It’s past the close date on my application and I haven’t heard anything. Should I chase?

I’ve applied for a job I really would like, but there’s been no word from them and the interview date was scheduled for tomorrow. Should I assume I haven’t got it, or do you think it’s possible there’s been some slippage? Should I chase up, or will that seem rude?

Many applicants worry that, if they chase up applications they will seem pushy or rude. But the truth is, anything can be happening behind the scenes, and your call could be the difference between being the chosen candidate and not.

So long as you are polite and enquiring and sound cheery and positive, you’ll simply seem keen. And keen is good.

Friendly persistence often pays off

Consider these examples:

One client chased up a teaching job back in February this year when the date for interview was fast approaching. Her spur was that the job was located 260 miles from her home, so she needed to know whether to make travel arrangements. She called, emphasised that she was very keen on the role, and asked if they could tell her whether she had been selected for interview, please?

The response from the other end was from a rather frazzled school office manager, who told her that Ofsted had arrived without notice that week to carry out a full school inspection. This opened the door for my client to empathise; to ask how it had gone and to create a rapport with the office manager. She went on to learn that she had, indeed, been selected for the rescheduled interviews. On arriving at the school, she was able to ask for the office manager by name and introduce herself, thus increasing the rapport on interview day. She got the job.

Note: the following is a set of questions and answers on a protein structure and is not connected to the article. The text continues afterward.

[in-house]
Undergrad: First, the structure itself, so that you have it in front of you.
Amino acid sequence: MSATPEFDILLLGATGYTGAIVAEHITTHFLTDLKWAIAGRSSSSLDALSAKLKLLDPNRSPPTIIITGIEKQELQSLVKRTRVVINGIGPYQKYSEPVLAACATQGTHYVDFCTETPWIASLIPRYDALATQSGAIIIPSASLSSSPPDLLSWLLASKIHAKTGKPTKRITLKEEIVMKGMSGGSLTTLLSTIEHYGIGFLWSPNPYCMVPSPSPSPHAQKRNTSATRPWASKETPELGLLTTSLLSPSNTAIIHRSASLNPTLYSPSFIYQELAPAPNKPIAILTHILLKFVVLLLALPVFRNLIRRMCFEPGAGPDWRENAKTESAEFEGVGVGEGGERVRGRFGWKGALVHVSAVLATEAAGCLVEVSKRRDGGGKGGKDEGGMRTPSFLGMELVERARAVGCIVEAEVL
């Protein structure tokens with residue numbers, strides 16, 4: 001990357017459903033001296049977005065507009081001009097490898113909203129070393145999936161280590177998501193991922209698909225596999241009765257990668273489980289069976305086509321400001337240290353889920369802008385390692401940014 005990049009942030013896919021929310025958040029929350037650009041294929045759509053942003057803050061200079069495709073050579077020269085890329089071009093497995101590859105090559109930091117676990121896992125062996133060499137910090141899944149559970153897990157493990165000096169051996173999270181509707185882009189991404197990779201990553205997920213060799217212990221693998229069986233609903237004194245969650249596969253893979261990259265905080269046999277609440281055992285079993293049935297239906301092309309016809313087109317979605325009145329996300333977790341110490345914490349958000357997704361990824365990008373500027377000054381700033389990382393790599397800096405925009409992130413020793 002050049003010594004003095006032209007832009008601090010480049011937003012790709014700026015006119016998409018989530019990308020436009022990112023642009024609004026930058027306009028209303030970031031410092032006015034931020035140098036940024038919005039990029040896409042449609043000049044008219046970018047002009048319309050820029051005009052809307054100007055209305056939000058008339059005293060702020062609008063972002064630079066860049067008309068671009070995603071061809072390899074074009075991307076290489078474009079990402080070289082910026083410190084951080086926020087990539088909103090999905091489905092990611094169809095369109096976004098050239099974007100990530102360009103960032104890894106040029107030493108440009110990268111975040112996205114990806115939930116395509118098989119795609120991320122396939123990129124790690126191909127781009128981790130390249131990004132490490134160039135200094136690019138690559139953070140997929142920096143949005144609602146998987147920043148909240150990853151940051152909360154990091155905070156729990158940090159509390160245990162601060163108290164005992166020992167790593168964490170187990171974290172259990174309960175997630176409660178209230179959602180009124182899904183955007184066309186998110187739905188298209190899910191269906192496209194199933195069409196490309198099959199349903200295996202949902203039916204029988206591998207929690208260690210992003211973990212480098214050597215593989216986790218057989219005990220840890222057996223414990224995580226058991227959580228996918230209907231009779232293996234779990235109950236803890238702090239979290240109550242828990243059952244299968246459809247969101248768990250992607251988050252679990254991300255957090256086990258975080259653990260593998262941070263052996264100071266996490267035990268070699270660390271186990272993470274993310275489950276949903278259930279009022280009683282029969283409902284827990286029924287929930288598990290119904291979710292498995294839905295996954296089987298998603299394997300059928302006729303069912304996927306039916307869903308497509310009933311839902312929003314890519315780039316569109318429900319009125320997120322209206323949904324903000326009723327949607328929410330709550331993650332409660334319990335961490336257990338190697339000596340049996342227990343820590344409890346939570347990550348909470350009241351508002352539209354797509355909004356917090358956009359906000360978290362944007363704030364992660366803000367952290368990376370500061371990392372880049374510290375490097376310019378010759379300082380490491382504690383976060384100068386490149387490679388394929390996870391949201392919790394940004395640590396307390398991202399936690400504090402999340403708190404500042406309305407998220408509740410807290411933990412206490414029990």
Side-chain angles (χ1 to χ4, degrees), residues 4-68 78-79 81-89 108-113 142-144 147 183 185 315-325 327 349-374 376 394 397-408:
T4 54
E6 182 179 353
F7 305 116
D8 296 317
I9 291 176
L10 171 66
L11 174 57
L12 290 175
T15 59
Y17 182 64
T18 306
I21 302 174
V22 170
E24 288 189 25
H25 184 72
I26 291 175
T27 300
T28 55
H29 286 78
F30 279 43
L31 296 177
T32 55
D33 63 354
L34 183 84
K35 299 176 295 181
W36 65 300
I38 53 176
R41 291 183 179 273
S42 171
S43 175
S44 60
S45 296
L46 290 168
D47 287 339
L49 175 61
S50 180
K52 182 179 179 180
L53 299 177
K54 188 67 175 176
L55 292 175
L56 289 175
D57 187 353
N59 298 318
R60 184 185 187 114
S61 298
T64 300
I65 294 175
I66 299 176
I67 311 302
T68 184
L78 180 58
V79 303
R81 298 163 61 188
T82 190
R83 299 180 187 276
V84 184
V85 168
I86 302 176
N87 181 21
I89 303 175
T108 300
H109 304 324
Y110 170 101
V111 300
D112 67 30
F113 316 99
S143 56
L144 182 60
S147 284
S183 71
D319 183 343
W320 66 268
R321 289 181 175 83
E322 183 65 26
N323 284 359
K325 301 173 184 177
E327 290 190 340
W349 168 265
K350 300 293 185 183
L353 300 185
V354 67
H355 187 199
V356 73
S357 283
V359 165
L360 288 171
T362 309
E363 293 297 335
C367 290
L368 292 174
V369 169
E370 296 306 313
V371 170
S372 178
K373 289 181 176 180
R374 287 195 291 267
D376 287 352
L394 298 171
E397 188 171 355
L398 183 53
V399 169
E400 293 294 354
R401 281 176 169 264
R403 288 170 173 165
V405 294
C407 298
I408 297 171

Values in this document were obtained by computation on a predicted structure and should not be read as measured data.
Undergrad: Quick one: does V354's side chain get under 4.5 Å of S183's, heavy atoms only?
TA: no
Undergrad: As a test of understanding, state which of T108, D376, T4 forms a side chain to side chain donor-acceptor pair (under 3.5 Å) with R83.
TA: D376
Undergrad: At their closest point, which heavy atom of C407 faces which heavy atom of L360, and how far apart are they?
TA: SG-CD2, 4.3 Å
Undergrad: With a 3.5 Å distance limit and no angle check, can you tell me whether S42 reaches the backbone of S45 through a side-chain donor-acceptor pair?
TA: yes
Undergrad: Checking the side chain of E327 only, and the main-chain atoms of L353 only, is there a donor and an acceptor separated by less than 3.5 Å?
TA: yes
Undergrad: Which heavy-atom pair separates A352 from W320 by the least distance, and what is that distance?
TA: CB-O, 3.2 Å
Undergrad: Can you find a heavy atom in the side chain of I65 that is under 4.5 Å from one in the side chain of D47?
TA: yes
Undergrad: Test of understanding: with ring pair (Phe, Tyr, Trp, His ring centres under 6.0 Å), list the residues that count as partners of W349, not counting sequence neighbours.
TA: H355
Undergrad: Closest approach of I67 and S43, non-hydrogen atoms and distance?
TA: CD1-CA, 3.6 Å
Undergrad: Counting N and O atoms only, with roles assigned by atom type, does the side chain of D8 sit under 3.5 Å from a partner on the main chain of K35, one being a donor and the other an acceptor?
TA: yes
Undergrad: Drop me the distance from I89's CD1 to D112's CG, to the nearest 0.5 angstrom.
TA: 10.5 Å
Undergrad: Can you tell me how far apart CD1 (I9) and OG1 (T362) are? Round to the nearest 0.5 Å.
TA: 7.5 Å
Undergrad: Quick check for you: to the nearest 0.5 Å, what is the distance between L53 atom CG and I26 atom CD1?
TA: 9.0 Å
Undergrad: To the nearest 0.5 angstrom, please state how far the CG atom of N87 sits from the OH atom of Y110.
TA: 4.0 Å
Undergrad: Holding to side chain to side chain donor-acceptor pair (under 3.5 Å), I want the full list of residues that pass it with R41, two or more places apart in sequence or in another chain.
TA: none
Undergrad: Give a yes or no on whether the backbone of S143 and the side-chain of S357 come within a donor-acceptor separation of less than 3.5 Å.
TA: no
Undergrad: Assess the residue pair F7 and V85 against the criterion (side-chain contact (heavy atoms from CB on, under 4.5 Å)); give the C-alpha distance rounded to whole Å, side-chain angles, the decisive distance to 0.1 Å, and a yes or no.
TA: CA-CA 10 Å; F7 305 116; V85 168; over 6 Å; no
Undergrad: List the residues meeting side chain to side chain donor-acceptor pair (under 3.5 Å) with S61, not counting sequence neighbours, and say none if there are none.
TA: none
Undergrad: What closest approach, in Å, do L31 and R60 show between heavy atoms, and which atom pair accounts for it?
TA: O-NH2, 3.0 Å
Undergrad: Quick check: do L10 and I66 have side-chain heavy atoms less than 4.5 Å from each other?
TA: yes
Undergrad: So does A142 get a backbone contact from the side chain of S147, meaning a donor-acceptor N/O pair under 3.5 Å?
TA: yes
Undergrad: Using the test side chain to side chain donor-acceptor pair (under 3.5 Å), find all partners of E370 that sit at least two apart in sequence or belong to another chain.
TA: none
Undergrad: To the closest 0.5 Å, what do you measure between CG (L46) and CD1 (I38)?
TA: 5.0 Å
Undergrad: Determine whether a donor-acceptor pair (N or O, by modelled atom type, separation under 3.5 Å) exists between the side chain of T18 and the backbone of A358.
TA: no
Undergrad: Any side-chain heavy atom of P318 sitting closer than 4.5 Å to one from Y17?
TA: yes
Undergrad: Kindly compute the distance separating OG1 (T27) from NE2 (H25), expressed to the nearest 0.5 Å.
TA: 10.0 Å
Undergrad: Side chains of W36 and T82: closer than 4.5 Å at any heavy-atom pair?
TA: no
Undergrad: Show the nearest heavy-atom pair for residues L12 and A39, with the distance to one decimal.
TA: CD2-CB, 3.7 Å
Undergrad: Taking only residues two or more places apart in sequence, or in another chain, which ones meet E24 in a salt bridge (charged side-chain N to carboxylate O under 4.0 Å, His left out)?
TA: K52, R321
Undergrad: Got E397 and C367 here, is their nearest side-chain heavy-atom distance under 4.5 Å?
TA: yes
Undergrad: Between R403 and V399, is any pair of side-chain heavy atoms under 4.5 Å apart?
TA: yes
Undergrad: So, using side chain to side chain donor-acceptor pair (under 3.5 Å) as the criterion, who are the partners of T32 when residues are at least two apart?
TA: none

Another client called about a job he really wanted with a major electronics company he had interviewed with some weeks before. On calling, he discovered that the company had just discovered that their chosen candidate had lied on her CV. They had discontinued her application, and they were back to square one. He called just as they were deliberating what to do. He told them he was keen, emphasised that he understood the challenge and could meet it, and said if they offered him the job he could start the next Monday. They hired him.

Expect the unexpectedasking for feedback.

July 2nd, 2010 | Category: application, feedback, stand out | No Comments »

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